I wrote a PhD on Rawlings and his rule at the end of the 1980s. After four years of intensive study, I was still not sure how to regard Rawlings. Was he a patriot who believed passionately in Ghana or a wrecker who wanted to bring the post-colonial edifice tumbling down? Today, 30 years later, I am still not sure what to make of him. But, assuredly, I will remember him and his legacy.
Rawlings has been a pivotal, absolutely central, figure in the country’s political and economic fortunes.
Ghana moved from military to democratic rule with two elections in 1992 and 1996. Both resulted in the election of the former military leader, Flight-Lieutenant Jerry Rawlings, as president. Rawlings’s party gained a majority of seats in parliament on both occasions. But this is not simply a case of an authoritarian regime trying to legitimise itself by dubious elections, as contemporaneously in Burkina Faso or Kenya .
Instead, Rawlings’s election as president showed signs that Ghana was consolidating as a liberal democracy. Having a vocal, reasonably effective opposition greatly affected Ghanaian politics in the 1990s. For the first time in nearly 20 years a regime led by Rawlings had to answer publicly for its programmes and policies. Also, certain national institutions were both strengthened and made more independent.
However, the possibility of a military coup d’état could not be discounted, especially if a regime perceived as hostile was to be elected in 2000. This was a time when Rawlings could not constitutionally run for president again. But, even then, it was difficult to imagine Ghana going back to the status quo ante. Instead, it seemed more likely that there would be an extended period – where both government and state exhibited mixed characteristics of both democracy and authoritarianism. Today, in 2020, Ghana is one of the few consolidated liberal democracies in Africa.
To what extent is Rawlings to thank for this welcome state of affairs?
The Rawlings era
After independence in 1957, a decade of initially democratic, latterly dictatorial, rule by Kwame Nkrumah and his Convention People’s Party government ended in 1966 with a joint police/military coup d’état. After handing over power to elected civilians in 1969, the military struck again in 1972. Following a junior ranks coup in early 1979, which brought Flight-Lieutenant Jerry Rawlings to power for the first time, an elected civilian government took charge following elections later the same year.
After a traumatic two years of conspicuously unsuccessful rule, Rawlings returned to power via another coup in late 1981. He initially rejected ‘Western-style’ multi-party democracy as ‘unsuitable for Ghanaian realities’. But over time Rawlings became an apparent convert. Voted president by impressive margins over his nearest challenger in 1992 and again in 1996, his party, the National Democratic Congress, achieved substantial parliamentary majorities in those two elections.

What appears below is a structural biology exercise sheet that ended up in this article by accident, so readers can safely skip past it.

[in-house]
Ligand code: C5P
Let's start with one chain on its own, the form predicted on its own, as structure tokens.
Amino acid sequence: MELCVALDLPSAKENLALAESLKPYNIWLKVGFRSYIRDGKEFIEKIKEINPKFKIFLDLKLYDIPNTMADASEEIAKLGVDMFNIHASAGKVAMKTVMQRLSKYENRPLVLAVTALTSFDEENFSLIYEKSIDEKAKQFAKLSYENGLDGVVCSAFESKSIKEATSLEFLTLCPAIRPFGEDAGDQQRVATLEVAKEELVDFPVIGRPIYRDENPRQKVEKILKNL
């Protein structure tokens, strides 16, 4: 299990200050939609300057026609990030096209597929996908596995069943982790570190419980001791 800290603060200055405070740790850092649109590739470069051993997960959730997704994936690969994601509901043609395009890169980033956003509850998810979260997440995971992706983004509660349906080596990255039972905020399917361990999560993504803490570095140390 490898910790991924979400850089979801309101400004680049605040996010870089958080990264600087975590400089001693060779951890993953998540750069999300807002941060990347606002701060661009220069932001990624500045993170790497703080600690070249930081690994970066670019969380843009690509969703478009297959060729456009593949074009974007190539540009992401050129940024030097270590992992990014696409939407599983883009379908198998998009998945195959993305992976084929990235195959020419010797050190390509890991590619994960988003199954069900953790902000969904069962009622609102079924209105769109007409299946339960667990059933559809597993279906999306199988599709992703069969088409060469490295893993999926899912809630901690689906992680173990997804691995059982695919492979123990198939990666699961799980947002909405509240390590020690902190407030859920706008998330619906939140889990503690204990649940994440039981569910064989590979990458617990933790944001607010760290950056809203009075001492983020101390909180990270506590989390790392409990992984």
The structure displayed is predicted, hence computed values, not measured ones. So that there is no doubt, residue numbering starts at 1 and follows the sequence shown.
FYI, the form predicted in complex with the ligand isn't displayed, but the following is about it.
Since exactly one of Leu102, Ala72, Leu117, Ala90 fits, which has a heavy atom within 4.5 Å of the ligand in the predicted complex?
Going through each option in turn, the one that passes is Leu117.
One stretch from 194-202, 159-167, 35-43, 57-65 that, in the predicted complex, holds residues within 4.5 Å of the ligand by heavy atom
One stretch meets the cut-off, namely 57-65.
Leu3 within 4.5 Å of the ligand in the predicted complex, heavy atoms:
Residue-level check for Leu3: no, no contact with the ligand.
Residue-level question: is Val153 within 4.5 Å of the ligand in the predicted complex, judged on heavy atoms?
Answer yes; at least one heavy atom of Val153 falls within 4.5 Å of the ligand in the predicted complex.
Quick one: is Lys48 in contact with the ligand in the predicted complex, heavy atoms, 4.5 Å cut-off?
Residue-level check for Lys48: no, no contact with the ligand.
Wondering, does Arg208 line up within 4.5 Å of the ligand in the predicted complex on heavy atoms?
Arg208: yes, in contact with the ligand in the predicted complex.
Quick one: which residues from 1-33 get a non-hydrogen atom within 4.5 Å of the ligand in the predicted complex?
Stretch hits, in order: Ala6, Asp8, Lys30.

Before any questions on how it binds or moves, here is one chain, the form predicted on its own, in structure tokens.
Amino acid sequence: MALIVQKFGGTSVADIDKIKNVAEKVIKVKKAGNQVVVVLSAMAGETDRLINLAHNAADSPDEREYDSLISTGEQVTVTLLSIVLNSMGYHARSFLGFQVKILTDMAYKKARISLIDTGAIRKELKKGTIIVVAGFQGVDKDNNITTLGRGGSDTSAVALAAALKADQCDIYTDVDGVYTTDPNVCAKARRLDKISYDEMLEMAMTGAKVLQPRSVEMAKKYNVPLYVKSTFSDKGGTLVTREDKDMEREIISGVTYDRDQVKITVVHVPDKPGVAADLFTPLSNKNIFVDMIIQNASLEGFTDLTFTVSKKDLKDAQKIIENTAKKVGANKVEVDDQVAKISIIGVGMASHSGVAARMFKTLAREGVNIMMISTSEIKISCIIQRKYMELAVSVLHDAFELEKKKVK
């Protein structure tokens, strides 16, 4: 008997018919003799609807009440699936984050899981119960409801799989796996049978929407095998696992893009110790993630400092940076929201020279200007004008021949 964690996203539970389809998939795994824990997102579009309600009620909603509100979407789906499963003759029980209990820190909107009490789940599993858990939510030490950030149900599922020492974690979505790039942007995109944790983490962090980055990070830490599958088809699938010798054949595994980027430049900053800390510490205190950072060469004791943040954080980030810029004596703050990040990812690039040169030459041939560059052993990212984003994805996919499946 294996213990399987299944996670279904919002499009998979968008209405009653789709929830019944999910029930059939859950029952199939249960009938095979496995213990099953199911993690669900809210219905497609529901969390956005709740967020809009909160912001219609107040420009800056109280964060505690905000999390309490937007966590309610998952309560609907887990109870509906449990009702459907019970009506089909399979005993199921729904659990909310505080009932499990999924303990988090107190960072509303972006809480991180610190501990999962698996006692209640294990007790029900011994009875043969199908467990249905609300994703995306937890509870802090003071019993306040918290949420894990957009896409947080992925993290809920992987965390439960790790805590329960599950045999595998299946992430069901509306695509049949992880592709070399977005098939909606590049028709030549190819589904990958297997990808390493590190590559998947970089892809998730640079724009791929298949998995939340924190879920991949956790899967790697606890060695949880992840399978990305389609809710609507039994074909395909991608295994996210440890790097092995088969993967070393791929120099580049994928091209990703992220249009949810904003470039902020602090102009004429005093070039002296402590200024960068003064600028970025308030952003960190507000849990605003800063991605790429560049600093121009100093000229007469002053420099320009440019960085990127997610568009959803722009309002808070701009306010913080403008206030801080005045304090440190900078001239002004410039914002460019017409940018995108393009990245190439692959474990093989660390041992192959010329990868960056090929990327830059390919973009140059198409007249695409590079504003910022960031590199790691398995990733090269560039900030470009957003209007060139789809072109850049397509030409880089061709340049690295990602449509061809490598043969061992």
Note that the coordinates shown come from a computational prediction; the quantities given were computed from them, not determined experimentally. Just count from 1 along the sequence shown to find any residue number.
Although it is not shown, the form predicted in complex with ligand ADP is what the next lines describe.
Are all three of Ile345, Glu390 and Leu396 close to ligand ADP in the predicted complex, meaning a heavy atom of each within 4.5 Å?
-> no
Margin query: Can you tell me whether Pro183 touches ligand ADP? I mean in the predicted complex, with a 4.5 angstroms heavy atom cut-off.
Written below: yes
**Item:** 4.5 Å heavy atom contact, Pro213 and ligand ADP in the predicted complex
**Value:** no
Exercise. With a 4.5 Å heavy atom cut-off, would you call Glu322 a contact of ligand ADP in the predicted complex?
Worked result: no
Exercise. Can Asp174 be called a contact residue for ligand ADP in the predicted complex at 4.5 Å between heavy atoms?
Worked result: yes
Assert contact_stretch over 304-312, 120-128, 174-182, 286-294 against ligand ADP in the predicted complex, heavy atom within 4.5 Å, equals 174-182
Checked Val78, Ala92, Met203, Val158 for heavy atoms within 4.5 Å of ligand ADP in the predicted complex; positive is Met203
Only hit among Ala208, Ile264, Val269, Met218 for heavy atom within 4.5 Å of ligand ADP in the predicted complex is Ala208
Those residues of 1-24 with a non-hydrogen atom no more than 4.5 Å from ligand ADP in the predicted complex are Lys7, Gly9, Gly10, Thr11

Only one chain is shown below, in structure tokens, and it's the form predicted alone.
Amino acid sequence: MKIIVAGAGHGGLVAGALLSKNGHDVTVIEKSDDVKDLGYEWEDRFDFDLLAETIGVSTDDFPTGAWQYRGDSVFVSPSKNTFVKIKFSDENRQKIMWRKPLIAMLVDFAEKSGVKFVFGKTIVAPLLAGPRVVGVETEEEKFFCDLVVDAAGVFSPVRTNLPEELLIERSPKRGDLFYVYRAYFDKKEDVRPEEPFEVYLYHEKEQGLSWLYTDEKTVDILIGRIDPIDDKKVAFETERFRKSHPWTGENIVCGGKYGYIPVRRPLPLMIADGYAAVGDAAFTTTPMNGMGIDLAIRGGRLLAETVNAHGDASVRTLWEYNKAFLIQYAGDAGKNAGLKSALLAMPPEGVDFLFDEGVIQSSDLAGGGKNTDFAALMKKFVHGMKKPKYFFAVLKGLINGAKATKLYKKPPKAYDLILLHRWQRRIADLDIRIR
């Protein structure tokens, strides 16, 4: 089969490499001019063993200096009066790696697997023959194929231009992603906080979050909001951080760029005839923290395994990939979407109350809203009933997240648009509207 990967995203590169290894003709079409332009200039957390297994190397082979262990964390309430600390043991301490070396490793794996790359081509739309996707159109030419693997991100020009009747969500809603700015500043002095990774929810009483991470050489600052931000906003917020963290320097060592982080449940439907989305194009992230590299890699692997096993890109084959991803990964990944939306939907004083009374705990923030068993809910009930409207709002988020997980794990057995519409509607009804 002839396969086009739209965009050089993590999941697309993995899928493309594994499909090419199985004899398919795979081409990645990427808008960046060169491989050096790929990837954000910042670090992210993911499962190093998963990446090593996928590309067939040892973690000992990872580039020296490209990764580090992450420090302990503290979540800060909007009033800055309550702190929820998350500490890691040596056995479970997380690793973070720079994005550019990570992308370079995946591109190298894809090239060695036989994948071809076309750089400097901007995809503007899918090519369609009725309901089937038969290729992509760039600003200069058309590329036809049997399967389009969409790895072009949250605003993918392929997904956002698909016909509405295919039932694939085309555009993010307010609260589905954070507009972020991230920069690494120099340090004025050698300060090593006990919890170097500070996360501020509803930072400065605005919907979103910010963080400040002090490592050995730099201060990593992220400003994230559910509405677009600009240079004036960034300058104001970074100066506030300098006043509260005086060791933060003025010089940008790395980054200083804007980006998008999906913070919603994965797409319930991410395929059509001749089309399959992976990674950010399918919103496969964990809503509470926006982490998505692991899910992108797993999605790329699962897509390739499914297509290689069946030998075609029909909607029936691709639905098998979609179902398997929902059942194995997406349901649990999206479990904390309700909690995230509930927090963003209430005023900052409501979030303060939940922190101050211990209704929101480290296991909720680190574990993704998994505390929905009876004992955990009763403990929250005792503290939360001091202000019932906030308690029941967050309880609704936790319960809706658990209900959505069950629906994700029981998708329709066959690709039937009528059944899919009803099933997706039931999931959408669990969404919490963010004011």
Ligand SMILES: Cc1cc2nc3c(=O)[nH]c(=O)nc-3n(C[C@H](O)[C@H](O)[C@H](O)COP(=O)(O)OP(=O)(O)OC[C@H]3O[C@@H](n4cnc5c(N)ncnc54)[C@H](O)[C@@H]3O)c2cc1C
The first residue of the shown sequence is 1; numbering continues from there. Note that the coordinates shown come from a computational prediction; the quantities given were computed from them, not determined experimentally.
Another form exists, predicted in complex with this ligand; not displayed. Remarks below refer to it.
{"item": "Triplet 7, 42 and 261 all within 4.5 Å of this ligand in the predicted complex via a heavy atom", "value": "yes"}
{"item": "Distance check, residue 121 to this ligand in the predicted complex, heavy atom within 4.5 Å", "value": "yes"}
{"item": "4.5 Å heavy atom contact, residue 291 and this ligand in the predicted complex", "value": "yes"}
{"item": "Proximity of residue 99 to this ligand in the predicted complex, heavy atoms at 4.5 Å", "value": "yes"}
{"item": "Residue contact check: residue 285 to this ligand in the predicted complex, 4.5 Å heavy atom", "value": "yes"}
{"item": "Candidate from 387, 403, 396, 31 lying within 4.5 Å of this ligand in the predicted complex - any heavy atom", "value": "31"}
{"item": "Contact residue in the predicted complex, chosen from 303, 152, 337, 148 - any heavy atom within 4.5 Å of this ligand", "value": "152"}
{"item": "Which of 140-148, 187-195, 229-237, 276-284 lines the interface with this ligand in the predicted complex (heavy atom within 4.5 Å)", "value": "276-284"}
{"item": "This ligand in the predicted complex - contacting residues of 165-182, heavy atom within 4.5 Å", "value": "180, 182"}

Political stability and economic steadiness
The second phase of Ghana’s post-colonial history – from 1981 – is a story of evolving political stability and growing economic steadiness . The period is however intensely controversial, even today: centering on the figure of Rawlings himself.
Rawlings’ initially chaotic, then authoritarian, latterly democratic, rule by hook or by crook managed to take Ghana through the uncertainties of the 1970s to the political balance and comparative economic equilibrium of the 1990s and into the 21st century.
The chaotic phase lasted from 1982 to 1983-84 when a series of populist political and economic strategies were tried without much success. From 1983-84 to the early 1990s, government attempted to manage the economy and engineer desired political changes through a mix of often clumsily applied administrative controls and popular mobilization. Over time the regime became more authoritarian. It became increasingly unwilling to listen to alternative suggestions to deal with the country’s problems.
Until 1992, when the country democratised, Rawlings’s economic and political policies remained insulated by his authoritarian style and wide powers of coercion. Decisions were made by a small, strongly centralised, coterie around, and including, Rawlings. It seemed to many that populist rhetoric was taking the place of governmental institutions.
During the 1980s anti-Rawlings coup attempts were regularly made. The key to the regime’s continued survival was tight control of a large, loyal security apparatus. The apparatus was originally designed to mobilise the population in defence of what Rawlings persisted in calling a ‘revolution’. Over time, it evolved into an oppressive machine to quell dissent. The tough tactics of the regime’s militants and security personnel did impose acquiescence on the country’s once vocal political opposition to the extent that a ‘culture of silence’ existed.
That culture of silence is now over. Many Ghanaians will be glad to see the back of Rawlings. Some will remember him as a forward-looking leader who took Ghana through a rough patch and ultimately leaving the country in a better place than it might have been without his rule.
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